Author: D.Q. McInerny
Publisher: Random House
Release Date: 2004-08-03
Whether regarded as a science, an art, or a skill–and it can properly be regarded as all three–logic is the basis of our ability to think, analyze, argue, and communicate. Indeed, logic goes to the very core of what we mean by human intelligence. In this concise, crisply readable book, distinguished professor D. Q. McInerny offers an indispensable guide to using logic to advantage in everyday life. Written explicitly for the layperson, McInerny’s Being Logical promises to take its place beside Strunk and White’s The Elements of Style as a classic of lucid, invaluable advice. As McInerny notes, logic is a deep, wide, and wonderfully varied field, with a bearing on every aspect of our intellectual life. A mastery of logic begins with an understanding of right reasoning–and encompasses a grasp of the close kinship between logical thought and logical expression, a knowledge of the basic terms of argument, and a familiarity with the pitfalls of illogical thinking. Accordingly, McInerny structures his book in a series of brief, penetrating chapters that build on one another to form a unified and coherent introduction to clear and effective reasoning. At the heart of the book is a brilliant consideration of argument–how an argument is founded and elaborated, how it differs from other forms of intellectual discourse, and how it critically embodies the elements of logic. McInerny teases out the subtleties and complexities of premises and conclusions, differentiates statements of fact from statements of value, and discusses the principles and uses of every major type of argument, from the syllogistic to the conditional. In addition, he provides an incisive look at illogical thinking and explains how to recognize and avoid the most common errors of logic. Elegant, pithy, and precise, Being Logical breaks logic down to its essentials through clear analysis, accessible examples, and focused insights. Whether you are a student or a teacher, a professional sharpening your career skills or an amateur devoted to the fine points of thought and expression, you are sure to find this brief guide to effecting reasoning both fascinating and illuminating.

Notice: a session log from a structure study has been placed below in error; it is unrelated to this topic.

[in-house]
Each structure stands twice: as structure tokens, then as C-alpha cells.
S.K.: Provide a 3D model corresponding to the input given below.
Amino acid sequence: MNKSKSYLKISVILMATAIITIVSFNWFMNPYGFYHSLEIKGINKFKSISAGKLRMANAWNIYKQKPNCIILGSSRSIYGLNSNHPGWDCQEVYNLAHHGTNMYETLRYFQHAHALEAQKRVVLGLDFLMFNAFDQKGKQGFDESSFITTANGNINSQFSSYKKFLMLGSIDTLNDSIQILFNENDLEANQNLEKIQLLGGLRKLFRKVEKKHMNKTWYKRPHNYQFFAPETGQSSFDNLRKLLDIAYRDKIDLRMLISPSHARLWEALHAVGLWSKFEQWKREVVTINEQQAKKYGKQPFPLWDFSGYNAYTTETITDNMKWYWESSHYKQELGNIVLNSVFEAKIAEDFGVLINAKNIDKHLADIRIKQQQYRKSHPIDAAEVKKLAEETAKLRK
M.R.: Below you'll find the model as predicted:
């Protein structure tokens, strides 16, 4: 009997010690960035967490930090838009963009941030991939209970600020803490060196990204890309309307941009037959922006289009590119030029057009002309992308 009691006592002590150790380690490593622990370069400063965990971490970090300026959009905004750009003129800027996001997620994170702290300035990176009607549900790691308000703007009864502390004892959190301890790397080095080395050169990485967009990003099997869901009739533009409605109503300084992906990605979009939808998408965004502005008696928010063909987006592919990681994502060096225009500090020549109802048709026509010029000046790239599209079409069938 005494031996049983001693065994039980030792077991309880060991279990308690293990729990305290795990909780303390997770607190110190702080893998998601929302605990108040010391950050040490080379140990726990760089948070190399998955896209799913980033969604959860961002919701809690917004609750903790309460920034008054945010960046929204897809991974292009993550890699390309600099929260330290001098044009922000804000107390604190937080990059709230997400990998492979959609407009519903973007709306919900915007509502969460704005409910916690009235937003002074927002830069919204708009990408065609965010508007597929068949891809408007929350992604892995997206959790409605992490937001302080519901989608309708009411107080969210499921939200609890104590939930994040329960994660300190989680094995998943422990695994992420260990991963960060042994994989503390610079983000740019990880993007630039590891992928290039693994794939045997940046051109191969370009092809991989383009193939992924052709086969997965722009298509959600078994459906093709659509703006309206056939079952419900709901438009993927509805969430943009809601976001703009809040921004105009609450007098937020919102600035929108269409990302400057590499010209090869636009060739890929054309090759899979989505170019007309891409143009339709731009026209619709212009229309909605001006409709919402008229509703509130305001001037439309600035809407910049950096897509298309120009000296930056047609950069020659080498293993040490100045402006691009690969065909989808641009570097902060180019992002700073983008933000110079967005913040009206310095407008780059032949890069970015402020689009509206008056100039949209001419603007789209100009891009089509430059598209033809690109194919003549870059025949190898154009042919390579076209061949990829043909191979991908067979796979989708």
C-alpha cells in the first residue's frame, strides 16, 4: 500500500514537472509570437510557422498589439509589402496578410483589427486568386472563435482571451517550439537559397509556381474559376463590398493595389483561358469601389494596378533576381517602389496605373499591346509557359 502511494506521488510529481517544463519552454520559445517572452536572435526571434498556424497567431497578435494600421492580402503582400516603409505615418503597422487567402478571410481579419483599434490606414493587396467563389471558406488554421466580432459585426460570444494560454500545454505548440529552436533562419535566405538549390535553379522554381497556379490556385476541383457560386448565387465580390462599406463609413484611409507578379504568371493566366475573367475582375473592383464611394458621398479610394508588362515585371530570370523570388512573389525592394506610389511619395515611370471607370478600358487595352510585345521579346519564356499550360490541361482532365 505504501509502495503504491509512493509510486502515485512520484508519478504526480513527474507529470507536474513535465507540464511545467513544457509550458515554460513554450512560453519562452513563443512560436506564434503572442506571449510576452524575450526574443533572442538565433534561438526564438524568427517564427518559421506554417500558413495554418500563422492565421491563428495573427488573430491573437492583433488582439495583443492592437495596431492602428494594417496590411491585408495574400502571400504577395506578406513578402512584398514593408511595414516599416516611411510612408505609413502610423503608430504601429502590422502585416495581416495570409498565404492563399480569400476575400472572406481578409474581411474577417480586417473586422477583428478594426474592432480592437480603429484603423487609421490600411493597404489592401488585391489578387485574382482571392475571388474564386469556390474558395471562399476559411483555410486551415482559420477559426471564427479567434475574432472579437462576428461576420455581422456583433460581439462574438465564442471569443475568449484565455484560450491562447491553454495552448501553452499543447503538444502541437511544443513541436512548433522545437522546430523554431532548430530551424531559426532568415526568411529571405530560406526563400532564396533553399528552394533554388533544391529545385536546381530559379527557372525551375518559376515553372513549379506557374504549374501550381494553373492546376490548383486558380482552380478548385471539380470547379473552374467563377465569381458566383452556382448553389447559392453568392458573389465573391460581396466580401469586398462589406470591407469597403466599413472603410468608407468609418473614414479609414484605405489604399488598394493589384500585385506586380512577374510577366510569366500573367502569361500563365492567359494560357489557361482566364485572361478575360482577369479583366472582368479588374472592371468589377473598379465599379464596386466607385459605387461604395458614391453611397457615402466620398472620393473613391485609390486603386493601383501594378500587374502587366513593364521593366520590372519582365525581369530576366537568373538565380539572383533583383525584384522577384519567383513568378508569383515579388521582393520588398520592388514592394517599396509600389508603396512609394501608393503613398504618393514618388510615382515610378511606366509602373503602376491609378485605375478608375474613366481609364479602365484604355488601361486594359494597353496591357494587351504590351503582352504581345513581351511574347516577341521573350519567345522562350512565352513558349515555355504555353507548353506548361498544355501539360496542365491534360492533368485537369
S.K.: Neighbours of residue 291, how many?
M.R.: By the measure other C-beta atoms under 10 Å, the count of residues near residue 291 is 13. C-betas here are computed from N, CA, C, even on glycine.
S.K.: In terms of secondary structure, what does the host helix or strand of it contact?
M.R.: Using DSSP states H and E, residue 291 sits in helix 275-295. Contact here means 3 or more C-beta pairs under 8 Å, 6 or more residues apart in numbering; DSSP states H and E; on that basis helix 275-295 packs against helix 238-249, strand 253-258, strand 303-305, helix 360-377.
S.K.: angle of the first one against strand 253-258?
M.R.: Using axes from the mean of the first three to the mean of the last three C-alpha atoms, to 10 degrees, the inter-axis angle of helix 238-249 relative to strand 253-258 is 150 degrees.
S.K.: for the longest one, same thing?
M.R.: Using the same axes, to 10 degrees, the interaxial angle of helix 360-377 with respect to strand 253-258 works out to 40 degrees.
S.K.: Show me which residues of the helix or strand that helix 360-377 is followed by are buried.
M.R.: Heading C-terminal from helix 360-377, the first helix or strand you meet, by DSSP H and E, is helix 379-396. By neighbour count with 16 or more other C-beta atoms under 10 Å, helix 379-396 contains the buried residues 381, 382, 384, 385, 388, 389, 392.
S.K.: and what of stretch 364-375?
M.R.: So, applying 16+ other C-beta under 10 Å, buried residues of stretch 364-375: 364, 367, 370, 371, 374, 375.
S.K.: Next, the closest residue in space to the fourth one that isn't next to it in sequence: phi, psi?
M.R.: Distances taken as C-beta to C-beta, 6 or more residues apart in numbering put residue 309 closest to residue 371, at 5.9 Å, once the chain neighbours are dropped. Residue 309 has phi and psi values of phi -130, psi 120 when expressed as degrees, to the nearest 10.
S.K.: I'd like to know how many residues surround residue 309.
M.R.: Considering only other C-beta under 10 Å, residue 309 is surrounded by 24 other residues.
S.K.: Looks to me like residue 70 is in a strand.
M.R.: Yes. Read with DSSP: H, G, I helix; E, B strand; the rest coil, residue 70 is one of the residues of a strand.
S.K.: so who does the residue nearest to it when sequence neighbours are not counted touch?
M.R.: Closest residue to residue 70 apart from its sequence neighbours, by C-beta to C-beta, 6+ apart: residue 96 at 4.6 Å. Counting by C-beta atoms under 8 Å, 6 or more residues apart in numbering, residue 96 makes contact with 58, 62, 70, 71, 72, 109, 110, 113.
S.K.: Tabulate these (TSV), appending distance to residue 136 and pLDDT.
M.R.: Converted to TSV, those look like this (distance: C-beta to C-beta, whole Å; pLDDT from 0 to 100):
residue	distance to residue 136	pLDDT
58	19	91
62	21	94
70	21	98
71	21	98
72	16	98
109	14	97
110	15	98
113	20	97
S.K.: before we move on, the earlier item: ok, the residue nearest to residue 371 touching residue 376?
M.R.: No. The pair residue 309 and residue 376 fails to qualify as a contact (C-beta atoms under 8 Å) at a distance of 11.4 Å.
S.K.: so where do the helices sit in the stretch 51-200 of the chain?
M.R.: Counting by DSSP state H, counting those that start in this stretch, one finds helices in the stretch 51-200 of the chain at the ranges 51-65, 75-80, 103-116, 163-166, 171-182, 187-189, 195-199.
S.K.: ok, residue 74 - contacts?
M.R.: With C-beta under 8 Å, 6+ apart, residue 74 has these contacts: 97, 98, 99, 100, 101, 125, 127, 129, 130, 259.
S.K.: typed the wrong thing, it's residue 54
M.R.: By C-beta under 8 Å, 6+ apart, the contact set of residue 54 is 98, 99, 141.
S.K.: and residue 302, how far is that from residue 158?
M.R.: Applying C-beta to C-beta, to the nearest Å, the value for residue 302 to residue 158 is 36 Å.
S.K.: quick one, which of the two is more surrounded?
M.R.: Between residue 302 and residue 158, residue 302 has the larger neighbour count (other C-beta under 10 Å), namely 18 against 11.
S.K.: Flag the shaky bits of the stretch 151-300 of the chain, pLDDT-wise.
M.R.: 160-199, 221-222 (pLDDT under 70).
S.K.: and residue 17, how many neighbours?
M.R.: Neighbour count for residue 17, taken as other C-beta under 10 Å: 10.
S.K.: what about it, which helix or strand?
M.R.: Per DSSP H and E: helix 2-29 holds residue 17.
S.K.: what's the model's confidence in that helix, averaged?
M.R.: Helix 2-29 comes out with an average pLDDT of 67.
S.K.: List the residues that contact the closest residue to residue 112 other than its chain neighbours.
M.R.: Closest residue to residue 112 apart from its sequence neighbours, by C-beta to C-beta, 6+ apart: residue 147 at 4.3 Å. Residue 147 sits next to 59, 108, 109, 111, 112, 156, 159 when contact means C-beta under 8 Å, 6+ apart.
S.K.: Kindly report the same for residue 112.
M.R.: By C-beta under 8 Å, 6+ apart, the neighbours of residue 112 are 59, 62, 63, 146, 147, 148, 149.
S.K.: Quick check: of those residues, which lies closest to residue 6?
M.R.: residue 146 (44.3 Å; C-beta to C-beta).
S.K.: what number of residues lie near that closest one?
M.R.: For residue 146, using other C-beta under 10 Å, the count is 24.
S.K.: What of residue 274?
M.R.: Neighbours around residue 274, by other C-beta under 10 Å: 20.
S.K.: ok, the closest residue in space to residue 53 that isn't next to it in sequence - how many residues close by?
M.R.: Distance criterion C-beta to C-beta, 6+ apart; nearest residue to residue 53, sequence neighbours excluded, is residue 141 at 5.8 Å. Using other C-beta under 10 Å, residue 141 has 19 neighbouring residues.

Author: James W. Forrester
Release Date: 2015-04-29